All my life, I have had difficulty with waiting. When I’m hungry, I want to eat right then. When I’m ready to leave the house, I’m standing at the door in my coat, impatient because everyone else is checking phones or still putting on shoes. Sometimes my difficulty with waiting plays out in my body. My legs get twitchy and I can’t sit still.
And more serious waiting - to see how things are going to turn out - for an acceptance letter or test result, to see how someone is going to recover from trauma or how the country is going to fare under a new administration - can be excruciating.
I want to be present to the present, but when I am really anxious, my instinct is to withdraw and agonize alone.
A few days ago, I came across a newspaper story about Sherman the Donkey. Sherman had been kept pent up in a small mucky stall without much care and was in danger of dying when a Lancaster County, Pennsylvania, man took him in with the idea of rehabbing Sherman into a running partner. (Apparently, running with donkeys is a thing.)
When Sherman arrived, however, he could hardly even walk. His hooves had grown so long that they resembled elf shoes. He had parasites and rotten teeth and matted fur. According to the vet, he was 8, but he seemed to be 80.
Sherman’s anxious new owners called around for help from neighbors who knew more about animals than they, who are Philadelphia folks only a couple of years into their new rural life. Someone came with a hacksaw to trim Sherman’s hooves. Another came to pull rotten teeth and another to bathe him and cut or curry out the matted fur and parasites. Still another attended to raw skin and bloated belly.
His bodily needs taken care of, it was time to wait and see if Sherman would respond. He needed to walk and to eat if he was going to even live, so his owner put all the other animals out to pasture, leaving Sherman alone, hoping he would want to explore his new home. But instead, all Sherman did on his first day was stand still beside the barn, head hanging, as if, the writer said, he was waiting for execution. He needed something else.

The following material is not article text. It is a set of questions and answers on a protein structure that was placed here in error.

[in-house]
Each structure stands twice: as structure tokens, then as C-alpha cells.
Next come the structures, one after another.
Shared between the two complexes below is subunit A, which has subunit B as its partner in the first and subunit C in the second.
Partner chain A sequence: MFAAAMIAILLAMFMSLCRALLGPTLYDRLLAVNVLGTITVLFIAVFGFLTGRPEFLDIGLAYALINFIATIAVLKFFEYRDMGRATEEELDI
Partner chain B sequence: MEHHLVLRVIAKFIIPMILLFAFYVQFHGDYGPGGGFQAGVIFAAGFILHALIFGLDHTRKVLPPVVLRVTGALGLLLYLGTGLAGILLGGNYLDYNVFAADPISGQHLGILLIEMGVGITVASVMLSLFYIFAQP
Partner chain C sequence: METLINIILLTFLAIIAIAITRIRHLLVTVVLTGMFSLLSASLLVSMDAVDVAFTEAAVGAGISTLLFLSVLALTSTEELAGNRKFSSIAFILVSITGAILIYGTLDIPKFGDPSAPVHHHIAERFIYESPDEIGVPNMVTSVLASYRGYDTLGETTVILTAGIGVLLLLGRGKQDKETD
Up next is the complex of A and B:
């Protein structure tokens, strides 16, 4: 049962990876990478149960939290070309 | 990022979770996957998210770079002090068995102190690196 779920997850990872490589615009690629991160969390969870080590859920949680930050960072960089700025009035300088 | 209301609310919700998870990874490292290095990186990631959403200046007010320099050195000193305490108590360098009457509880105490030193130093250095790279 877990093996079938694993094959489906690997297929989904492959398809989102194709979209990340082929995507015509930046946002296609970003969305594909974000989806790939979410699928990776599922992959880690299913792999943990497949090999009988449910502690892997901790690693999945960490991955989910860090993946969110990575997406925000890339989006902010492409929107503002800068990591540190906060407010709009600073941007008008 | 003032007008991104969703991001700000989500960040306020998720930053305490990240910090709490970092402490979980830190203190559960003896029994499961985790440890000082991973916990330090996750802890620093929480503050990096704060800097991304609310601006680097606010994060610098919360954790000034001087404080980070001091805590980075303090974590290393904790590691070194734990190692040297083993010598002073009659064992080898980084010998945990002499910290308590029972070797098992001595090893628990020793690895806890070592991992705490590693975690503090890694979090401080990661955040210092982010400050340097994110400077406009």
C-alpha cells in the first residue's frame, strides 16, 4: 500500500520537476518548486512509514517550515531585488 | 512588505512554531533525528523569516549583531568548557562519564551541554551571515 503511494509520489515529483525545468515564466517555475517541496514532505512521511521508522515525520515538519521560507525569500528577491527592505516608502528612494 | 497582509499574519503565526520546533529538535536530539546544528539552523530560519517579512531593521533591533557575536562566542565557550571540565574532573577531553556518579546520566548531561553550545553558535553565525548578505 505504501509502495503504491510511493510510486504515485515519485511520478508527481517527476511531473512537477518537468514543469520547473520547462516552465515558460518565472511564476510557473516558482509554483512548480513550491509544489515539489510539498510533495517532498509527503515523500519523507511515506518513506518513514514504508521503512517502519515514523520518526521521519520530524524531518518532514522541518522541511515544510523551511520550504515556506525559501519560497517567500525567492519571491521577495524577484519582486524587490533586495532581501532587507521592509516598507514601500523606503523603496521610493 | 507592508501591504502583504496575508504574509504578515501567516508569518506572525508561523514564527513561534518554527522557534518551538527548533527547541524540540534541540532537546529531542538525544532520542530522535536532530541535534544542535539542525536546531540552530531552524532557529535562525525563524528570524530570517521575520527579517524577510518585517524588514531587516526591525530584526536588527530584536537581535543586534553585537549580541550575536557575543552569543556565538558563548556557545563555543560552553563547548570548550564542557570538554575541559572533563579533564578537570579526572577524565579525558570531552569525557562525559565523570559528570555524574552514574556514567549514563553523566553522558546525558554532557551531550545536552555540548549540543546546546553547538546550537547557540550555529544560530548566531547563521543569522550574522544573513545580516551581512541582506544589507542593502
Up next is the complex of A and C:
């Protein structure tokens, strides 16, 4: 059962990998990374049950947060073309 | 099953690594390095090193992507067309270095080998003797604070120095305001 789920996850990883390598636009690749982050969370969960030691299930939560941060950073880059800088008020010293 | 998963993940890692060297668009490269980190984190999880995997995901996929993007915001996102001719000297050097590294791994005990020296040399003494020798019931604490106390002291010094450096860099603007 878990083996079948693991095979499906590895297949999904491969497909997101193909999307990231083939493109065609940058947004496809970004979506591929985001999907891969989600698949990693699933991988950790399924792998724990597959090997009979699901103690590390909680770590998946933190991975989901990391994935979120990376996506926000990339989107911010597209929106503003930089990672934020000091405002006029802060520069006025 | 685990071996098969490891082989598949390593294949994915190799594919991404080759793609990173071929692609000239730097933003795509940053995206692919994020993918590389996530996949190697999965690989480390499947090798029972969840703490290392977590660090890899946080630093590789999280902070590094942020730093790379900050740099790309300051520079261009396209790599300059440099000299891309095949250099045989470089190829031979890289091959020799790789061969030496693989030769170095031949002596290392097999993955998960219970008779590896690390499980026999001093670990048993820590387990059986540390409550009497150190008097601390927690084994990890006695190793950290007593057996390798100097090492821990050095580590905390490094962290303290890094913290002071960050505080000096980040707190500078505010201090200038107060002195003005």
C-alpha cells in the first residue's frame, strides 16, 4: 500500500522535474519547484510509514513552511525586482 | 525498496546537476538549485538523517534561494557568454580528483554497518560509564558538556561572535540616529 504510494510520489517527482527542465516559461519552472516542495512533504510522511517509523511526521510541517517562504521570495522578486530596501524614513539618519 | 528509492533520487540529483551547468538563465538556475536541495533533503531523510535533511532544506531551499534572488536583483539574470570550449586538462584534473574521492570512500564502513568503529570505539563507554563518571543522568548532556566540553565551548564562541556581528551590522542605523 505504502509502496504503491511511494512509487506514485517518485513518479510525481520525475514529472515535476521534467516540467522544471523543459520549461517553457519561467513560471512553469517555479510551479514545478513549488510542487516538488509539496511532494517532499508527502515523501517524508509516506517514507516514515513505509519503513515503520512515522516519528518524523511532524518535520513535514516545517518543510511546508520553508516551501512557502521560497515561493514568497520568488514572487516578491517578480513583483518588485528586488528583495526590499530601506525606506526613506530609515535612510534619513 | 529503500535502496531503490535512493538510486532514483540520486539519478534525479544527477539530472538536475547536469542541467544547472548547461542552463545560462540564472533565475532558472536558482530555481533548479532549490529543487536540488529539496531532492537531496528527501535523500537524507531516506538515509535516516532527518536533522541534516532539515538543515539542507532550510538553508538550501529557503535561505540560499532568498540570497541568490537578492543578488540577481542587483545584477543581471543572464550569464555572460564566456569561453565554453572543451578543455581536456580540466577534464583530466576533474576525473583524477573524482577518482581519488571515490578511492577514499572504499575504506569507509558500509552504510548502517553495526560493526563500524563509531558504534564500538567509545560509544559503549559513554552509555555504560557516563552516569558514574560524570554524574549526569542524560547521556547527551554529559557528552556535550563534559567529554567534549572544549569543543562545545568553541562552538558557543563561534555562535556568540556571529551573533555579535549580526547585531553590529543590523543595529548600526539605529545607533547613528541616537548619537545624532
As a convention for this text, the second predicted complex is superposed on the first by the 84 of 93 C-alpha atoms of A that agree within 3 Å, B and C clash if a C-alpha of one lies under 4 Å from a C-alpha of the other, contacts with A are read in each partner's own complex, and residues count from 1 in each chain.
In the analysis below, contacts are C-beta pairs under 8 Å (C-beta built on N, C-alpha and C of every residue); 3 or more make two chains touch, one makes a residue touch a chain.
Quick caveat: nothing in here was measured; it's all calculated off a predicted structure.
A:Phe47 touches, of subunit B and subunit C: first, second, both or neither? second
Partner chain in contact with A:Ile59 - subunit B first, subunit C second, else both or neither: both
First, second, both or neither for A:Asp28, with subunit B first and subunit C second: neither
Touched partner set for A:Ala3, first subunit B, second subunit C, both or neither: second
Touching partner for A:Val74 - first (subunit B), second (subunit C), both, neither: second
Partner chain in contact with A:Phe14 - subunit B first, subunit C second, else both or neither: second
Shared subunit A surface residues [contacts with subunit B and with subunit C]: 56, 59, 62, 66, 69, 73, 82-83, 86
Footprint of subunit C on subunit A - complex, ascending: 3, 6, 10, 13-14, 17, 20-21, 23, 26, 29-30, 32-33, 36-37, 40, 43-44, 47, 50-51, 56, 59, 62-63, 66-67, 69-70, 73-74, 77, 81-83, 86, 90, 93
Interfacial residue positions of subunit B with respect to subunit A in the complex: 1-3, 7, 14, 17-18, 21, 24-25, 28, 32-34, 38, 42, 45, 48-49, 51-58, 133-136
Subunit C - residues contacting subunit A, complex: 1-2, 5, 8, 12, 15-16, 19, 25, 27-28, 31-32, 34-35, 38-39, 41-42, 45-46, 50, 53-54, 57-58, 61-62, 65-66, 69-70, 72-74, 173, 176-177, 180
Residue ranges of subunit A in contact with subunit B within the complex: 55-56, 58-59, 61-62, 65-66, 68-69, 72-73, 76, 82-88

That something else turned out to be a goofy goat named Lawrence, himself a rescue with ears malformed from frostbite, who came in with the sheep from the pasture at the end of that anxious first day and immediately noticed poor, sad Sherman. Lawrence went right to the donkey, sniffed him all over, and then lay down at his feet. He stayed there all night.
By the end of the following day, Sherman was walking and then eating with his new friend. Before long he was even running. He was going to live - and more than that, he was going to thrive in his new community.
Of course, I got to find out that Sherman was going to be ok in a matter of minutes, but the lesson from this story could not be more clear to me: waiting is best done with a friend.
I have always tried to do all my serious waiting alone, fighting my twitchy anxiety under the cover of darkness. I have not wanted to be accompanied in my darkness, choosing instead to withdraw or to be reactive in such a way that keeps others at a distance. I have not wanted to need someone to really sit with me in hope. But that is exactly what I do need.
Someone to just sit with me in hope.
At the end of all our waiting, God says, comes new life. This is the Advent story. And it can be my story, too, if I will but believe. Whatever my worry, even dread, I do not need to live in that place alone.